The Bioterrorism Act, passed by Congress last year as part of the Homeland Security effort, will go into effect next month. It imposes stringent new requirements for inspection and record-keeping on food imported into the United States. As the deadline approaches, farmers, shippers and importers are rushing to come into compliance with the law. But some worry the new regulations will cut into their business, without delivering on safety.
For specialty food importer Freida's, the new anti-terrorism law will transform each day's business. The company's refrigerated warehouse near Los Angeles is crammed with spikey orange Kuano melons from New Zealand, starfruit from Thailand, scaly, green-skinned cheremoya from Chile, exotic fruits and vegetables from around the world.
Starting early next month, all of Freida's foreign suppliers will be required to register with the U.S. Food and Drug Administration and let federal officials know in advance before any food enters the country. The farmers and shippers must also keep the names of every person who handles the produce, from the field to the packing company.
Cris West, who manages relations with Freida's foreign trade partners, says they're anxious. "They've had a lot of questions as to, you know, are they going to get tied up at the dock or the airport? Is it going to take longer for the FDA to inspect," he said.
Freida's has built its business on the exotic. But, ordinary produce from around the world - tomatoes, bananas, onions - crowd American grocery store shelves. In fact, fully one third of all the products imported each year into the United States are fruits and vegetables.
Federal officials predict they'll receive about 25,000 advance notifications of food shipments every day, detailing what will arrive at the border, and when. They say they need the notice to schedule inspections of foods that are vulnerable to tampering or that come from regions where officials suspect a terrorist threat.
Truckers who bring much of the produce into the United States say getting across the border has become more difficult since the September 11 terrorist attacks two years ago and they expect the new regulations to make it even more complicated.
Drivers like Richard Loranzano are skeptical of FDA promises to have inspectors waiting to check so called "high risk" cargoes. "It's gonna delay produce getting to the market, getting to the consumer. I mean, it's just gonna hold everything up, I believe," he says.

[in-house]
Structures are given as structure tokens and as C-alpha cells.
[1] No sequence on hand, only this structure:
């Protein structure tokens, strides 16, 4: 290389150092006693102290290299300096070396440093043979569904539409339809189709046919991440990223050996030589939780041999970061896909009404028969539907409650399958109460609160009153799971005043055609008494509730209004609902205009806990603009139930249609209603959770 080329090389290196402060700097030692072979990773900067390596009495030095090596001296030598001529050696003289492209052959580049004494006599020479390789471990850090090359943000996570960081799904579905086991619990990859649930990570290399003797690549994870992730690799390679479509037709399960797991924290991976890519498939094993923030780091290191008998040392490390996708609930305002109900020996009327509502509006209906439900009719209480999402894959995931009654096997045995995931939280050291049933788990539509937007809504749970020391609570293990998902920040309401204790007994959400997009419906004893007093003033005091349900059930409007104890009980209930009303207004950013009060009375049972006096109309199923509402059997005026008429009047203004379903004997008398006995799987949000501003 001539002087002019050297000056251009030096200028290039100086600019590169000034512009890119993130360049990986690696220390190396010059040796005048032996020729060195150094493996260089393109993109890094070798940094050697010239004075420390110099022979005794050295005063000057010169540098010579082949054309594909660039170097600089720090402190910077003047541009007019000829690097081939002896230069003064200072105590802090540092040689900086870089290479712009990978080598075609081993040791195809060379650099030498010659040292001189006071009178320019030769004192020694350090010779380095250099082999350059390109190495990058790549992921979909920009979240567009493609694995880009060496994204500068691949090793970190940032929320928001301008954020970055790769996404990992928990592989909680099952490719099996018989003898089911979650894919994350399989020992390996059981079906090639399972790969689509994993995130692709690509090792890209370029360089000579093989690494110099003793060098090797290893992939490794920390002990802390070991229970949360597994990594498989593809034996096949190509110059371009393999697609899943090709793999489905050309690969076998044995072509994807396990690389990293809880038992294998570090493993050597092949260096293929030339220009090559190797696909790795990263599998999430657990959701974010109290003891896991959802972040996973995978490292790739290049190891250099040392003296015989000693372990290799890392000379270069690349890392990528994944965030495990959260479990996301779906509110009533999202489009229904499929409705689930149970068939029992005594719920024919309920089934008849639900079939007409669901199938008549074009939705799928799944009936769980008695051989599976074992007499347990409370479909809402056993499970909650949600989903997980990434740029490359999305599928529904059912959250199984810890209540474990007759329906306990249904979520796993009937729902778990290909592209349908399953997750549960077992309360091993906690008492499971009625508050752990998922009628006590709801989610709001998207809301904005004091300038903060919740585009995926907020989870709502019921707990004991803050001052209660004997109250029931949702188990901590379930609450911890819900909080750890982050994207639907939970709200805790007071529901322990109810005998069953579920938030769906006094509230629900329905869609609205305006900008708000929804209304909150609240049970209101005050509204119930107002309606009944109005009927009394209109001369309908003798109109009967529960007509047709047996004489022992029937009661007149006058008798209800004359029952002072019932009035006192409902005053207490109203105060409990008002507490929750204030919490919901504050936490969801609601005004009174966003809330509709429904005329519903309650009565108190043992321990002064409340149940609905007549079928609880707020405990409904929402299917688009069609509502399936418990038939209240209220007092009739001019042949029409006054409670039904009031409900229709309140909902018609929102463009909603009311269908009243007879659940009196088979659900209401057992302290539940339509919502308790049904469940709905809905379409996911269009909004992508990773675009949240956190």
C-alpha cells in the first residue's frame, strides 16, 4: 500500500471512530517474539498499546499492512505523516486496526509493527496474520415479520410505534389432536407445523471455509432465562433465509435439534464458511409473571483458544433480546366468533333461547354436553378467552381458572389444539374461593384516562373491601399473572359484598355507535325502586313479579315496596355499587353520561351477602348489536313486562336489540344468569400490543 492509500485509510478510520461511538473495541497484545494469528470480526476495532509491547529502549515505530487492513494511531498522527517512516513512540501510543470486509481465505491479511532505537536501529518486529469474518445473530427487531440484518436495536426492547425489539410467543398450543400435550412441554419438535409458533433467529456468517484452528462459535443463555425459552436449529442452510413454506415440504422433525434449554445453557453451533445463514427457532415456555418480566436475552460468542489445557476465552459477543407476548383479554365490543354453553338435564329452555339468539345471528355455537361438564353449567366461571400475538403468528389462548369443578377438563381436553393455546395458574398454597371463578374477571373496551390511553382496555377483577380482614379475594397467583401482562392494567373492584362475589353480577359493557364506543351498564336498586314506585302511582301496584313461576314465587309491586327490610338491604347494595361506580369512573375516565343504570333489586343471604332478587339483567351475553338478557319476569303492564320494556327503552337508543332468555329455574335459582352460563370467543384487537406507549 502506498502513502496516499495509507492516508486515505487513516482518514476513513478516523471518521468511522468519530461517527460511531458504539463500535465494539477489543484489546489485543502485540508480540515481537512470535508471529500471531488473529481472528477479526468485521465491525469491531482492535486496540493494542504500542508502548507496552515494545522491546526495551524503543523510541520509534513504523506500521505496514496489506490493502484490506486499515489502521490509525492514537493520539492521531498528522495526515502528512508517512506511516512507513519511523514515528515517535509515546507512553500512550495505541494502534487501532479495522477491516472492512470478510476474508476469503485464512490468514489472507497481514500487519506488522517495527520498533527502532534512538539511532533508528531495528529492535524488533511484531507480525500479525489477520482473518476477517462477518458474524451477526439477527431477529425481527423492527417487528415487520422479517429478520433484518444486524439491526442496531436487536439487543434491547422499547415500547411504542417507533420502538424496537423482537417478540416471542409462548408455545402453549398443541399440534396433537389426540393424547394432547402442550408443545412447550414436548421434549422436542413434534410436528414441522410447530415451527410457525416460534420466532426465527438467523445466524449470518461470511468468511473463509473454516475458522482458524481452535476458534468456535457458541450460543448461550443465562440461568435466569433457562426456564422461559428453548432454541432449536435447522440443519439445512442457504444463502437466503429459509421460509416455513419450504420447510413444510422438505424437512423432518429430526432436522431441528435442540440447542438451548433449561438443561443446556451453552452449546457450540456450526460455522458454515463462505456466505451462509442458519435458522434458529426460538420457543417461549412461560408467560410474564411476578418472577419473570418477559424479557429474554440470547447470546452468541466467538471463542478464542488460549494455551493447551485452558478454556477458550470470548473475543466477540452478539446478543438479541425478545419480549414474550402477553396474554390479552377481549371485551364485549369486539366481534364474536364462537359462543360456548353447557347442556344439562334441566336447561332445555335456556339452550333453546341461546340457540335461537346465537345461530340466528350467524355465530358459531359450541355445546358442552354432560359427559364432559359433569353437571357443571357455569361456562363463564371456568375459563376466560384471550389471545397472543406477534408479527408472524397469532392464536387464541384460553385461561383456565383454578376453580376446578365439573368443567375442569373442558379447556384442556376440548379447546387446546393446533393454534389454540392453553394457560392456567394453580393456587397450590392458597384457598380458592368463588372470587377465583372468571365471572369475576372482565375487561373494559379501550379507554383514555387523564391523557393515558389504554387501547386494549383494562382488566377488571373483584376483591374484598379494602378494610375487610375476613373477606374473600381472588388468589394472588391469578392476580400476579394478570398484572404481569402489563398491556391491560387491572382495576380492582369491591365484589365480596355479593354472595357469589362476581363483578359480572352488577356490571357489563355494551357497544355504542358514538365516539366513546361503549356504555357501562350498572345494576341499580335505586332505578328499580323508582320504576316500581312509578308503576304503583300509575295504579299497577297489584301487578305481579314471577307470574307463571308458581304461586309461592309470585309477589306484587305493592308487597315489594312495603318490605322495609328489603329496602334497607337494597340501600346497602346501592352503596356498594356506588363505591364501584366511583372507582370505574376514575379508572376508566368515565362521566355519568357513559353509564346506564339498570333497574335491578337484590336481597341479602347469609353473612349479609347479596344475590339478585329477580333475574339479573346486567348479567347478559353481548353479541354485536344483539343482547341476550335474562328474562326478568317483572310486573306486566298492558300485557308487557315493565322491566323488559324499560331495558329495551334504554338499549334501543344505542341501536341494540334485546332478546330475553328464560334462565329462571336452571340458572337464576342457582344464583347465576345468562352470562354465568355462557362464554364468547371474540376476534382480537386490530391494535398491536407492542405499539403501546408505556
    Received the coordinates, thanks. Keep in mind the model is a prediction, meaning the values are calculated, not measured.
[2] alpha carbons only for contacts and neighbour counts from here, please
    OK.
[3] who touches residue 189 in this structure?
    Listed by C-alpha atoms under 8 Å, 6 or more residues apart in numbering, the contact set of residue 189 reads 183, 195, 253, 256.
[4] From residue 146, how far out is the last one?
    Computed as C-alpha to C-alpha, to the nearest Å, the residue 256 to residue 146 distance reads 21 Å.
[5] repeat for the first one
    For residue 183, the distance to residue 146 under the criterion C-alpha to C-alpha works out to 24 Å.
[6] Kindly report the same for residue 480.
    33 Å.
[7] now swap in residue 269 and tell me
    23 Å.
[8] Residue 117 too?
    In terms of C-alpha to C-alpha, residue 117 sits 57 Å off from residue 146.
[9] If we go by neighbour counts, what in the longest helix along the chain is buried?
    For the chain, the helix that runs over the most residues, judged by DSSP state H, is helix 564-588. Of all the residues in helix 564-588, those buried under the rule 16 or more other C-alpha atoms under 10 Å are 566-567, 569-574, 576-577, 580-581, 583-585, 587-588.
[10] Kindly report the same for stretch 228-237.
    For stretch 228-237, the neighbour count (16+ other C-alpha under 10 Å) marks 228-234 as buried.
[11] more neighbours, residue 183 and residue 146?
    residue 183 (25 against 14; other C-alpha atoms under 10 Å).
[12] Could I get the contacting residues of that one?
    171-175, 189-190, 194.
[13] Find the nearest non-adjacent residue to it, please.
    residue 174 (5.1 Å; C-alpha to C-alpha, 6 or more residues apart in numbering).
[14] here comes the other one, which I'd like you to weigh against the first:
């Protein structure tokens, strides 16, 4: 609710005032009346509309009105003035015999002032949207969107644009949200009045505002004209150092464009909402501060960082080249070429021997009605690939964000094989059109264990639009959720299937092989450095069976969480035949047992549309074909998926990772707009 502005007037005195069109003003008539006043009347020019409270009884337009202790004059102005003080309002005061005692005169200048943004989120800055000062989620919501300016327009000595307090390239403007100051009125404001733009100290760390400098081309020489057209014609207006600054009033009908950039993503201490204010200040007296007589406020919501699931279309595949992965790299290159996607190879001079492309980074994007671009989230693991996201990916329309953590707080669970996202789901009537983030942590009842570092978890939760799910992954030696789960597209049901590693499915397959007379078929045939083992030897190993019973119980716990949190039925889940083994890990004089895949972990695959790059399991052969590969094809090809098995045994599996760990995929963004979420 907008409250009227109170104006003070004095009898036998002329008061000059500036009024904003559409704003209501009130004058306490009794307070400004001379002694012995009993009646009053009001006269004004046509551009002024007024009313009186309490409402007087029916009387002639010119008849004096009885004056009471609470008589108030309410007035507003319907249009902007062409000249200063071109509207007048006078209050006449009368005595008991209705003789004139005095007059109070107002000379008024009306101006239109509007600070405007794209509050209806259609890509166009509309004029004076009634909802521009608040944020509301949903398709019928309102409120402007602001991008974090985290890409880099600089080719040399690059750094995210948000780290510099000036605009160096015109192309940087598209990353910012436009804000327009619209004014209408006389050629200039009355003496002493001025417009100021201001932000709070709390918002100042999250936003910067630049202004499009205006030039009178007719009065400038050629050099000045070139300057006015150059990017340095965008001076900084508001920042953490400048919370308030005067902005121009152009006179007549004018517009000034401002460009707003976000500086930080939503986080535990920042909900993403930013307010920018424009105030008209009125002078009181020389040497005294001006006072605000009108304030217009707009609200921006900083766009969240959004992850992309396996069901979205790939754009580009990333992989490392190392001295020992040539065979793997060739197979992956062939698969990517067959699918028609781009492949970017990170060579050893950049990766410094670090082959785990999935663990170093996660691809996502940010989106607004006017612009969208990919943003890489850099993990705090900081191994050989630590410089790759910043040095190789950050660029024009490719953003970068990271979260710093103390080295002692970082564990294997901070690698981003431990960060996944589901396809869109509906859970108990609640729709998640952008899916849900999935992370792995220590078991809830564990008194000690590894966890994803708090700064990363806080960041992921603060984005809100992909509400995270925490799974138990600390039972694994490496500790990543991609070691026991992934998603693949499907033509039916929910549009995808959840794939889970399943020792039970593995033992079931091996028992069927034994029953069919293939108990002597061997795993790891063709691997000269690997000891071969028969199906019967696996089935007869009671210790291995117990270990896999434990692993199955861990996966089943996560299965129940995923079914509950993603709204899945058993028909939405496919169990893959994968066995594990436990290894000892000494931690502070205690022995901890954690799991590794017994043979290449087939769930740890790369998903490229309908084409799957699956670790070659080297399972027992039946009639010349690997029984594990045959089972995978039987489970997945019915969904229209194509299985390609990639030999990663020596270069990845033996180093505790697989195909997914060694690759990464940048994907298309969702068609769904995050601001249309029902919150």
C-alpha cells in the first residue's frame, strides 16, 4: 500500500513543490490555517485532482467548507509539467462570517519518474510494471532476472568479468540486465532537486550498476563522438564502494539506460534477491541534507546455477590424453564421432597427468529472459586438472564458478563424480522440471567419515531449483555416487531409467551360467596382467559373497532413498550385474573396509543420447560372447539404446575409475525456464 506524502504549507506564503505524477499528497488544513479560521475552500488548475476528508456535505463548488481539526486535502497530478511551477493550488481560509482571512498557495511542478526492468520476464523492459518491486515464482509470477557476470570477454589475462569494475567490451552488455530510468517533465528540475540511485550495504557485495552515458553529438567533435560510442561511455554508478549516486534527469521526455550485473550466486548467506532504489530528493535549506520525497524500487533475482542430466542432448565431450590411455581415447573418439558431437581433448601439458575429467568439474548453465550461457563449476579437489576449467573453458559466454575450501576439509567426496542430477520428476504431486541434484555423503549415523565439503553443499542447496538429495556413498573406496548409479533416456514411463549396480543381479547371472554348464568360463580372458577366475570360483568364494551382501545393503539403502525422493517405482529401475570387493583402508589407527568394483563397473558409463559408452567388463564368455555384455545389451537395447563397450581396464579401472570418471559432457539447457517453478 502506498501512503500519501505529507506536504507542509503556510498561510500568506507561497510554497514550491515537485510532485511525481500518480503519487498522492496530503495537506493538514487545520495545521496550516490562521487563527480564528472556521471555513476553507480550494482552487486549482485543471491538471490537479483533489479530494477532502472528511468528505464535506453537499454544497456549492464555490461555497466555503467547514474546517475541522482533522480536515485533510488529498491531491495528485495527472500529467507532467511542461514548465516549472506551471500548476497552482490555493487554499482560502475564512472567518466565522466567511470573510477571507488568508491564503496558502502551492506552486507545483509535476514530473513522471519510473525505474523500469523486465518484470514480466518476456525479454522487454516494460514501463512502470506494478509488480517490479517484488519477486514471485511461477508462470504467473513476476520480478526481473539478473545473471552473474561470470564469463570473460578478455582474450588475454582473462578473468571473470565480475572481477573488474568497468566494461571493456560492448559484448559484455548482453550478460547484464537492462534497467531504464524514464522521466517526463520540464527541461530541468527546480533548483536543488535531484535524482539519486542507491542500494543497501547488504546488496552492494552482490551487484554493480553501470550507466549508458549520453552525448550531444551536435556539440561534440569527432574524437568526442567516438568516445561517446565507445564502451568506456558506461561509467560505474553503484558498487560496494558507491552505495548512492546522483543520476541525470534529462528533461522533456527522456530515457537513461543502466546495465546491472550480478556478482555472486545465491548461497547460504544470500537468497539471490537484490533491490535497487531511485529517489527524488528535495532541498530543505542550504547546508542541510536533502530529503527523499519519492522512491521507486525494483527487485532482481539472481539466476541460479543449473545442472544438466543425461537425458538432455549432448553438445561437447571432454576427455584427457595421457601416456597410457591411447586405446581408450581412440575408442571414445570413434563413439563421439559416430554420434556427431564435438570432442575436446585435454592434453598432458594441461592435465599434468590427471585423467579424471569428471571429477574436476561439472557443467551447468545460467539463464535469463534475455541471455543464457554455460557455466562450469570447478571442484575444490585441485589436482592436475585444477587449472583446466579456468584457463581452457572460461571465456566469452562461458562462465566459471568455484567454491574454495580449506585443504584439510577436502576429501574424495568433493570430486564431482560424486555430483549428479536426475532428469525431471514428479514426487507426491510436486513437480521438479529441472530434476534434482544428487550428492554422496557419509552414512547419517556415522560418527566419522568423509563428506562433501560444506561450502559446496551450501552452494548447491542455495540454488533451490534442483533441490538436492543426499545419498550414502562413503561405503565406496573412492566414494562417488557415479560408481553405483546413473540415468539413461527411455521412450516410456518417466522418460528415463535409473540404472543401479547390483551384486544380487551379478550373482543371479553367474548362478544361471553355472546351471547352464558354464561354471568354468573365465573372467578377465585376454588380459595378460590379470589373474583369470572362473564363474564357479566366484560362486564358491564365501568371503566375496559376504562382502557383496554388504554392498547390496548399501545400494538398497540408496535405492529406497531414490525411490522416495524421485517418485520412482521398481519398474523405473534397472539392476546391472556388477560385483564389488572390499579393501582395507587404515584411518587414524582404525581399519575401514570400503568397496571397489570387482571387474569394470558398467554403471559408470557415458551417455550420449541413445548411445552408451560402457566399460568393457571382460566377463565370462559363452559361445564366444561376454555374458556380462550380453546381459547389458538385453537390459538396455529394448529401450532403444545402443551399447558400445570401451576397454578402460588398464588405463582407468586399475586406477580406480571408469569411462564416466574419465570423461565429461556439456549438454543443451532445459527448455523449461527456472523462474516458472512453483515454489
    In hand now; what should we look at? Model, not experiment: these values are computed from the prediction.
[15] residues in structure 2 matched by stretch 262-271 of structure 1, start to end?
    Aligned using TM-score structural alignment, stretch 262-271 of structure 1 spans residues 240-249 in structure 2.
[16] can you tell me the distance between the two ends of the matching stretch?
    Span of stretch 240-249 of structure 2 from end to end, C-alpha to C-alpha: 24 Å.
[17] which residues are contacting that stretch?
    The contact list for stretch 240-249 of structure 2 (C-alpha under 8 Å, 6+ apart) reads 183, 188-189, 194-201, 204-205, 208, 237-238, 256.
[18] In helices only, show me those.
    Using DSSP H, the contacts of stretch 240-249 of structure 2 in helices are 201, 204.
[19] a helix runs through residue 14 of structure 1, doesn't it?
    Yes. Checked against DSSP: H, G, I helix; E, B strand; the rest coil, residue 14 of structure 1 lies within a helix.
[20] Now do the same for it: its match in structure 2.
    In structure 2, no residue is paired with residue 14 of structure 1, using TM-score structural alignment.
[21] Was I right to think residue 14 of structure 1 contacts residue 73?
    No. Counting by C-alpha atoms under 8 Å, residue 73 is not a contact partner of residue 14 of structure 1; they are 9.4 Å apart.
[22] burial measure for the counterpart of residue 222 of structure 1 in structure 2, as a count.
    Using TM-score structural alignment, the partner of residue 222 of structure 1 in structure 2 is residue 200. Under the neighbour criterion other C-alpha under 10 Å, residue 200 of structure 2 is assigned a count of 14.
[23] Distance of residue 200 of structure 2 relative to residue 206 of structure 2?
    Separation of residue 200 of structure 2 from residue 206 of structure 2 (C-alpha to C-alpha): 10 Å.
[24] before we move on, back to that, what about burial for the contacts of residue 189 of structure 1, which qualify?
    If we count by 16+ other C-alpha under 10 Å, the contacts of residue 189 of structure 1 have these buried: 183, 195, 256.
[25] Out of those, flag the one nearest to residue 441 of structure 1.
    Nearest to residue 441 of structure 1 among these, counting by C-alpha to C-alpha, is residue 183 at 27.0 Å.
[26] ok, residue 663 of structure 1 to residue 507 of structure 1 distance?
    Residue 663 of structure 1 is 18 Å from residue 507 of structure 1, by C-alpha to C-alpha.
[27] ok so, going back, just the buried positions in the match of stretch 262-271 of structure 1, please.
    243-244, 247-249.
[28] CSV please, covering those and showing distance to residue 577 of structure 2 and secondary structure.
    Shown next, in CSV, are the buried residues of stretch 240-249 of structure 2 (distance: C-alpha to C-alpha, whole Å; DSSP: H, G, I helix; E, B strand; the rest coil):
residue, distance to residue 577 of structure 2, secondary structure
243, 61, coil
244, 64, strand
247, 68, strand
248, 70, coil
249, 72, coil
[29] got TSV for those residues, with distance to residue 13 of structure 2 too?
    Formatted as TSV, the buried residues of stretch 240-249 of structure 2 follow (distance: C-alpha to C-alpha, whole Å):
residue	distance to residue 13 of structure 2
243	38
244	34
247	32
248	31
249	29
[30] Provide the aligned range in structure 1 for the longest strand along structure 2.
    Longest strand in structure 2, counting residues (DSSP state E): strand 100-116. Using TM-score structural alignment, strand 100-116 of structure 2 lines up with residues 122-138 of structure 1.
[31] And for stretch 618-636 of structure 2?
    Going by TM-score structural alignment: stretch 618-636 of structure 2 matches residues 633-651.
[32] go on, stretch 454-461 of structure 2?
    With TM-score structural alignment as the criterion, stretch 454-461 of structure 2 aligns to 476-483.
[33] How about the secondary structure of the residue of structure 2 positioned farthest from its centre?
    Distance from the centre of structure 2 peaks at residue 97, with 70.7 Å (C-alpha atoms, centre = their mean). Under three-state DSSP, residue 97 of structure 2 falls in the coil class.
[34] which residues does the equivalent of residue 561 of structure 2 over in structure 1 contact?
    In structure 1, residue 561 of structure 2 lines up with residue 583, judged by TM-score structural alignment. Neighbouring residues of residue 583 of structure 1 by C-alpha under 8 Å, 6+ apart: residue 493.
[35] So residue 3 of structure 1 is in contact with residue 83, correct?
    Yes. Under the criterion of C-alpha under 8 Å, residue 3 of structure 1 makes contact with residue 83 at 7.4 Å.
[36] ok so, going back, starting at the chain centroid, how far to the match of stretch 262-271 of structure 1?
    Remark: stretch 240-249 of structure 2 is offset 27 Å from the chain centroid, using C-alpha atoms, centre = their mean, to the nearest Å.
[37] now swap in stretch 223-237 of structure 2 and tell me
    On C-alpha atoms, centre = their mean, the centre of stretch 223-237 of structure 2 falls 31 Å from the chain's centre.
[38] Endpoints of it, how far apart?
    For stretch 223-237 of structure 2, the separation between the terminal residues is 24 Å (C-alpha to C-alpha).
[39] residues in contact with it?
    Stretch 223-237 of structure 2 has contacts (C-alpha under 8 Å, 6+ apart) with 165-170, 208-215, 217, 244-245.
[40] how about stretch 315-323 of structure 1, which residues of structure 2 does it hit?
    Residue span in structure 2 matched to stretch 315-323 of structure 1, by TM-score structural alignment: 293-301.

Inspectors may impound food that arrives in the United States without the proper documentation. The delays that would follow such seizures worry Donna Gerren of the United Fresh Fruit and Vegetable Association. ""Those very tight margins that our companies run on could make or break a company. You know, any type of delays, also losing customers because of delays and things like that, we could see companies not able to adjust to these new regulations," she says.
But tougher regulations are long overdue, according to Caroline Smith DeWaal, director of food safety at the Center for Science in the Public Interest, a Washington-based advocacy group. "Prior to September 11, 2001, FDA was inspecting less than 1 percent of food that was shipped into the U.S. Now they're inspecting up to two percent. But it's still nowhere near enough," she says.
And she says, it's not what Congress expected when it passed the Bioterrorism Act last year. The law originally required shippers to give officials a full 24 hours' notice before crossing into the United States. But after organizations like the Fruit and Vegetable Association called that requirement 'unreasonable,' it was reduced to as little as two hours for truckers.
Ms. Smith DeWaal says companies can even use a different border crossing than the one they reported to the Food and Drug Administration. "FDA hasn't given itself enough margin of protection to insure that they can identify all the high-risk food shipments and actually get inspectors to the ports to check them. Congress intended for the legislation to result in strong protections. But FDA, after intensive lobbying by the food industry, has significantly weakened these protections," she says.
Importers say they hope the government provides adequate training so FDA agents can enforce the safety standards they do have.
Inspecting produce - and identifying threats - is not an easy job. Two years ago, agents came across Chinese melons covered with a white powder they thought might be anthrax. They impounded the whole shipment until the importer explained that the suspicious dust was a naturally-occurring residue on the melon rind.